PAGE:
“We figured we’d plant trees and come back and harvest it in 30 years and in the meantime go into town to make a living doing something else,” he said.

California lawmakers pass bill to phase out fossil fuels by 2045

Lawmakers in California have strengthened the state's commitment to clean energy by passing a bill to stop using fossil fuels entirely by 2045. The legislature passed S.B. 100 by 43 votes to 32, making California the second state to take such a step, following Hawaii. The bill now moves to a procedural vote in the Senate, and then to Governor Jerry Brown to sign it into law. Around 72 percent of the state's residents were in support of the move, according to polls cited by CBS.

There's a lot of work ahead for California to meet its goal, though it's on track to meet previous clean energy goals a decade sooner than expected.The state gets around a third of its current energy needs from renewable sources, according to US Energy Information Administration data. Natural gas accounts for about 49 percent, and nuclear energy makes up nine percent of the total.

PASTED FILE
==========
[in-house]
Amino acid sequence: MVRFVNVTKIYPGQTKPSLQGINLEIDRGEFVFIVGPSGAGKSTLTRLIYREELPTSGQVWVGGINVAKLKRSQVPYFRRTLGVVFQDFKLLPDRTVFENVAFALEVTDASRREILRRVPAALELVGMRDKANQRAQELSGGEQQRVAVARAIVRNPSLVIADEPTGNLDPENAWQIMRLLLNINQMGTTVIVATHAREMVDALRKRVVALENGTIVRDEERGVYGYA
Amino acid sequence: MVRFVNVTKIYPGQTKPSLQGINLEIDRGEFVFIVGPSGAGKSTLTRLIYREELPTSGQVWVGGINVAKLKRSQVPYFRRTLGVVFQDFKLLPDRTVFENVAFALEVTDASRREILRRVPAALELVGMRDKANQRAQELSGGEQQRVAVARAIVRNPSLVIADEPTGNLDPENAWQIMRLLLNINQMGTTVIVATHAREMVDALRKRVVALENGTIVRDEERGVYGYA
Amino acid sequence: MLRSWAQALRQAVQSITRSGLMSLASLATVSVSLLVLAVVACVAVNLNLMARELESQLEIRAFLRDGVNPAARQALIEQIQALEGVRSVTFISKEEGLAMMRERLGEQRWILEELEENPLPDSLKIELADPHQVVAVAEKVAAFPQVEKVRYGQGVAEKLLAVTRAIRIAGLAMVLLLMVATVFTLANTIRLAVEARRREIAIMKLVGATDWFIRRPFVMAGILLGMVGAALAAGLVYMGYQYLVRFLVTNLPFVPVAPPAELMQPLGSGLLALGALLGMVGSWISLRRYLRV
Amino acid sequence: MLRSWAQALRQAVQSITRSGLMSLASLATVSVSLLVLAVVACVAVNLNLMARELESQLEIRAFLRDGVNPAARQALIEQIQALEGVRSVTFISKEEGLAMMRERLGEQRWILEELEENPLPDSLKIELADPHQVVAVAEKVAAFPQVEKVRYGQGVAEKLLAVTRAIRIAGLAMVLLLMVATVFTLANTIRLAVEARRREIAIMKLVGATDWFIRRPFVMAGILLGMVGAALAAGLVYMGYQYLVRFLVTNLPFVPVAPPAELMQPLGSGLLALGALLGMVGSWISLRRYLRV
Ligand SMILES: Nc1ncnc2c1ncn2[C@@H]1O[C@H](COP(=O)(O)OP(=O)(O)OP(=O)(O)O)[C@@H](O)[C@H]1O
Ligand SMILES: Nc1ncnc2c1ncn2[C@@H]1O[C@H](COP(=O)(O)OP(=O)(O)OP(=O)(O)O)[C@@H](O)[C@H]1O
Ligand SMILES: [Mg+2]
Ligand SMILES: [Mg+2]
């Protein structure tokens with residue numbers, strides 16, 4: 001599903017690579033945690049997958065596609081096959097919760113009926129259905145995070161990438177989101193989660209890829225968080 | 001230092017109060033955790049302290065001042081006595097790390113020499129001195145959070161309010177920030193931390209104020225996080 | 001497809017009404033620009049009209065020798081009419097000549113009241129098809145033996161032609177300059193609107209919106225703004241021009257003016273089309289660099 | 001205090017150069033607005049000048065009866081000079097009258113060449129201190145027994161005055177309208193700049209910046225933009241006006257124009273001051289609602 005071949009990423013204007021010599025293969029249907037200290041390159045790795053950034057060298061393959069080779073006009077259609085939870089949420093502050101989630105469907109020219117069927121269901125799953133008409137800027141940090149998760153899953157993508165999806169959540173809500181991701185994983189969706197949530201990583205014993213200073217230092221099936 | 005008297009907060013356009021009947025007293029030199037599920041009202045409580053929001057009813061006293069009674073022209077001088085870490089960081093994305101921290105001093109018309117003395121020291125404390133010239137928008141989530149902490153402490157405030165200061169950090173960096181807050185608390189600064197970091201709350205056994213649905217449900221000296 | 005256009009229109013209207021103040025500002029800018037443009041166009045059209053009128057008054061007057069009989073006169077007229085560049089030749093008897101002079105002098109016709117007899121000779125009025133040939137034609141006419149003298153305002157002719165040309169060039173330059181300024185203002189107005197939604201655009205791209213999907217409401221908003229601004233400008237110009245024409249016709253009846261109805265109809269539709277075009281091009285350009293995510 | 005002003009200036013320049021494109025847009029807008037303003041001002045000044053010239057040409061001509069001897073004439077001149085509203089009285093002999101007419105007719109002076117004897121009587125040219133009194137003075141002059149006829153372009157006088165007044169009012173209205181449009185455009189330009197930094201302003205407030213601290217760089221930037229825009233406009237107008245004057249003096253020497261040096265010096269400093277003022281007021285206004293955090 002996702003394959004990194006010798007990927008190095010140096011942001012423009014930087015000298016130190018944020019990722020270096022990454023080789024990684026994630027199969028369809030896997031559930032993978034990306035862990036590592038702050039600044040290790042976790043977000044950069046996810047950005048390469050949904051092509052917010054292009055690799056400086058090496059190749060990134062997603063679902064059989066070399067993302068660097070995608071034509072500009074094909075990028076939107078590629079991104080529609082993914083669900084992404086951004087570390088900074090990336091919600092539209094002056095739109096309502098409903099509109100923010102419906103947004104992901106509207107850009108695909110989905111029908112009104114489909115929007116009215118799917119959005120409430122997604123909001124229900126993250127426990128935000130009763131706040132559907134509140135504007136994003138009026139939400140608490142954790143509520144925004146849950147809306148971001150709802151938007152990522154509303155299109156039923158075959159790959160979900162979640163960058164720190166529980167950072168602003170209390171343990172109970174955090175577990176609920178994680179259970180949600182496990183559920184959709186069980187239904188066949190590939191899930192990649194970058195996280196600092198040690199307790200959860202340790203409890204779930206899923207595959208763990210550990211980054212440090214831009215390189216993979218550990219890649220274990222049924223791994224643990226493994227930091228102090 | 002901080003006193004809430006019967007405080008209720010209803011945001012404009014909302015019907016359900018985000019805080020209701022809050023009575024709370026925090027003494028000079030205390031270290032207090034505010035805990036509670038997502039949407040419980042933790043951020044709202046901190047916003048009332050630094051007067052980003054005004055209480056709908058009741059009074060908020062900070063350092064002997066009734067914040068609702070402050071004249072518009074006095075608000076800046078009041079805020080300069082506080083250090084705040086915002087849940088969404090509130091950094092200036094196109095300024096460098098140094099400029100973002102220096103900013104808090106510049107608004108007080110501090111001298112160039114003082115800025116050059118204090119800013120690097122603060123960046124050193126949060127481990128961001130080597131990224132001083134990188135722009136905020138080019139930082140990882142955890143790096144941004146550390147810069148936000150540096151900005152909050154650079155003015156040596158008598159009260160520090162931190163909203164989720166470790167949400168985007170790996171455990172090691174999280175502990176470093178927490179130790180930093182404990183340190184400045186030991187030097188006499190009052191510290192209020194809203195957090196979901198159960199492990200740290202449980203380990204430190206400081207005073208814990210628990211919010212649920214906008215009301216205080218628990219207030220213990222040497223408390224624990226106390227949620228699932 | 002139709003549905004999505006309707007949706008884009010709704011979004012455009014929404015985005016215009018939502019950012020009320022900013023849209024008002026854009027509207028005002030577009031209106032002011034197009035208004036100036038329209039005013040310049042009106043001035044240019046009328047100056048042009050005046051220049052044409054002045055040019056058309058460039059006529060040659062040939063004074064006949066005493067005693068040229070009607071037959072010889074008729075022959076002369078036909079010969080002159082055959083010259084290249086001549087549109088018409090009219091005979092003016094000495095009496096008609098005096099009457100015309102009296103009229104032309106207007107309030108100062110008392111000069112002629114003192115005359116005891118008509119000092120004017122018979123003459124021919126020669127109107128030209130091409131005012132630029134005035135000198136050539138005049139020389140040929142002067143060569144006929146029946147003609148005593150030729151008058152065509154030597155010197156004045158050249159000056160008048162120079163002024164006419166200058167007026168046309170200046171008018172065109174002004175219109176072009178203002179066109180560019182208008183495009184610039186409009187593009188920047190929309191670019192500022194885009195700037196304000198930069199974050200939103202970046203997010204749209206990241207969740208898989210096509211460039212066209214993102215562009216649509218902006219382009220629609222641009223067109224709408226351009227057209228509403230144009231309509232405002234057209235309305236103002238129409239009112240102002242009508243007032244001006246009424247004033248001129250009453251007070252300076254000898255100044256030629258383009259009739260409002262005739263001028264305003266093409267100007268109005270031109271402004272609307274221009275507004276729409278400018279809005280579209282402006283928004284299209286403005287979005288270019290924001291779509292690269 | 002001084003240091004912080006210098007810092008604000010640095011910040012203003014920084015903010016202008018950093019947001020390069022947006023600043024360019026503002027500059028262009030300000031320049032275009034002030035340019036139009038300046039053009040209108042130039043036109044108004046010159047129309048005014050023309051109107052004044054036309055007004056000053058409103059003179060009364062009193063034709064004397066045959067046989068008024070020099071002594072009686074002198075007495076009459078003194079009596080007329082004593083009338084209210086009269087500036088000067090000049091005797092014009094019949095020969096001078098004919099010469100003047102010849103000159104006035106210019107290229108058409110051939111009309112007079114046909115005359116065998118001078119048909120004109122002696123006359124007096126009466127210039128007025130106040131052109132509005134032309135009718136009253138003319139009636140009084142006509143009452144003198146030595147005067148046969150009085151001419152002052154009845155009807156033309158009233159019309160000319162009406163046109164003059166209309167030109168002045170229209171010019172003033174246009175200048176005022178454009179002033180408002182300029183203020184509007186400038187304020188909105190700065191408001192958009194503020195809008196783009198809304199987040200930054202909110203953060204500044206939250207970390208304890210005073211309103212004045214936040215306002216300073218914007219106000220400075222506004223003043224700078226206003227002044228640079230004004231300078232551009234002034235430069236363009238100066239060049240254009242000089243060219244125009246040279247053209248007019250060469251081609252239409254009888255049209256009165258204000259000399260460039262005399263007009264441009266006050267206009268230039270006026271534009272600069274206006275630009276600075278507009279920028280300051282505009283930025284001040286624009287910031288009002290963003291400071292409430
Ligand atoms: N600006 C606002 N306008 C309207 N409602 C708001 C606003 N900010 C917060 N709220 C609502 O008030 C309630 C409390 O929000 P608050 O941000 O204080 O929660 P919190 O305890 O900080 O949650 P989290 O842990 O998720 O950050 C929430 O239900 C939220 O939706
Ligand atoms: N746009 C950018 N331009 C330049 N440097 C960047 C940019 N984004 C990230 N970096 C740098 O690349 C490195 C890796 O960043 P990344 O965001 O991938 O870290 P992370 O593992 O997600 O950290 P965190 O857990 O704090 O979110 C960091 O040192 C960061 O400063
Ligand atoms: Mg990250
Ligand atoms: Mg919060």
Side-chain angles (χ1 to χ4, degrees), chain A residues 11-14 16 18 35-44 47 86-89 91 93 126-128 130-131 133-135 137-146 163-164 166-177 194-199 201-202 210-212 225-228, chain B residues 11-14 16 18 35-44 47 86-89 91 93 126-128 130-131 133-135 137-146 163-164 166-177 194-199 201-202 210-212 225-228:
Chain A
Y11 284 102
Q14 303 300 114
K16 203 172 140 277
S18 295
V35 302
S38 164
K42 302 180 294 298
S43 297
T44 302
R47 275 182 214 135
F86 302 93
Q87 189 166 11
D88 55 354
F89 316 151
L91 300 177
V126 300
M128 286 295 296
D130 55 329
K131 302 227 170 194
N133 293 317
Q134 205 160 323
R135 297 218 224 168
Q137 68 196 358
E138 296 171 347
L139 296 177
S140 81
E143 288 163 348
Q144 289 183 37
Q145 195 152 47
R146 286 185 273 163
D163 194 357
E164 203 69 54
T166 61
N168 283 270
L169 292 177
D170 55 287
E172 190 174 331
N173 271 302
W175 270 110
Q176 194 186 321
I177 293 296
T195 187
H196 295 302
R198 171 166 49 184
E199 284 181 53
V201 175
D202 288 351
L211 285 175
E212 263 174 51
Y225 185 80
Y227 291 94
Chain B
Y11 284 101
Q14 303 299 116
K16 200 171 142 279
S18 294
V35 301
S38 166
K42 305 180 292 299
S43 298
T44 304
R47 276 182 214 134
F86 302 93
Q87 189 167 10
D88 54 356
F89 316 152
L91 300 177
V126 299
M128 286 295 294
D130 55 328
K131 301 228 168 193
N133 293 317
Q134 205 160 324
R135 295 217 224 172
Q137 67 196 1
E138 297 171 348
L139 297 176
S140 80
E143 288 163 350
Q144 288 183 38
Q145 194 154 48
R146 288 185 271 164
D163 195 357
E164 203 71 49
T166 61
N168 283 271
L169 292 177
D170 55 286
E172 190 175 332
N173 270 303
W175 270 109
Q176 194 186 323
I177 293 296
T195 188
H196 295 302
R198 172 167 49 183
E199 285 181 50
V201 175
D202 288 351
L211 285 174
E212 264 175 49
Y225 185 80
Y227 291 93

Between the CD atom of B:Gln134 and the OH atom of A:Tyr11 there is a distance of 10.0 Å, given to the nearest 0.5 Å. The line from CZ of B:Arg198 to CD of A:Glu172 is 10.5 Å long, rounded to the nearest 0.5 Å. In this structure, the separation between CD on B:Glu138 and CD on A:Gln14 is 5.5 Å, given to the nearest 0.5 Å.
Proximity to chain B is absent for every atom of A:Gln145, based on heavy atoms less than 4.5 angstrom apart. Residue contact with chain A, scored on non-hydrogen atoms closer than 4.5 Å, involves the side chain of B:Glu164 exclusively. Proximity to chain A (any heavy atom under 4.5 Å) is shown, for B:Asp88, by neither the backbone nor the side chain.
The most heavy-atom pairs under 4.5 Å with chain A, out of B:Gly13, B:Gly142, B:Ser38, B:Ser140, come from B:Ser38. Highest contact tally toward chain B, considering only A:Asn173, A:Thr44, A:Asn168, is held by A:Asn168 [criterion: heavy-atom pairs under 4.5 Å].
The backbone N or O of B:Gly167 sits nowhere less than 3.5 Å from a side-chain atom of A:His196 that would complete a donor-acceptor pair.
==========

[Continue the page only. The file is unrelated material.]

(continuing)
The International Maritime Organization on October 27 announced it was going ahead with a global sulfur cap of 0.5% on marine fuels starting from January 1, 2020, ending years of uncertainty.

Under the terms of the IMO’s MARPOL Annex VI regulation, the 2020 date was “subject to a review, to be completed by 2018, as to the availability of the required fuel oil. Depending on the outcome of the review, this date could be deferred to 1 January 2025.”

Dirty Reality Catching Up With Fossil Fuel Vehicles

This week marks an important transitional step away from the obsolete technology of dirty fossil fuel vehicles and in favor of electric vehicles that can run on clean energy. The Worldwide Harmonised Light Vehicle Test Procedure (WLTP) has come into force in the EU from 1st of September 2018, leading to much hand-wringing by the traditional fossil fuel vehicle OEMs, whose cars have always been highly polluting, and are now running out of road. The old fig leaf of the 1990s NEDC (New European Driving Cycle) testing regime is being replaced by the updated, more realistic WLTP testing regime, along with its onroad-emissions-testing counterpart, the Real Driving Emissions test (RDE). While still imperfect, these new testing regimes do track real world emissions performance much more closely.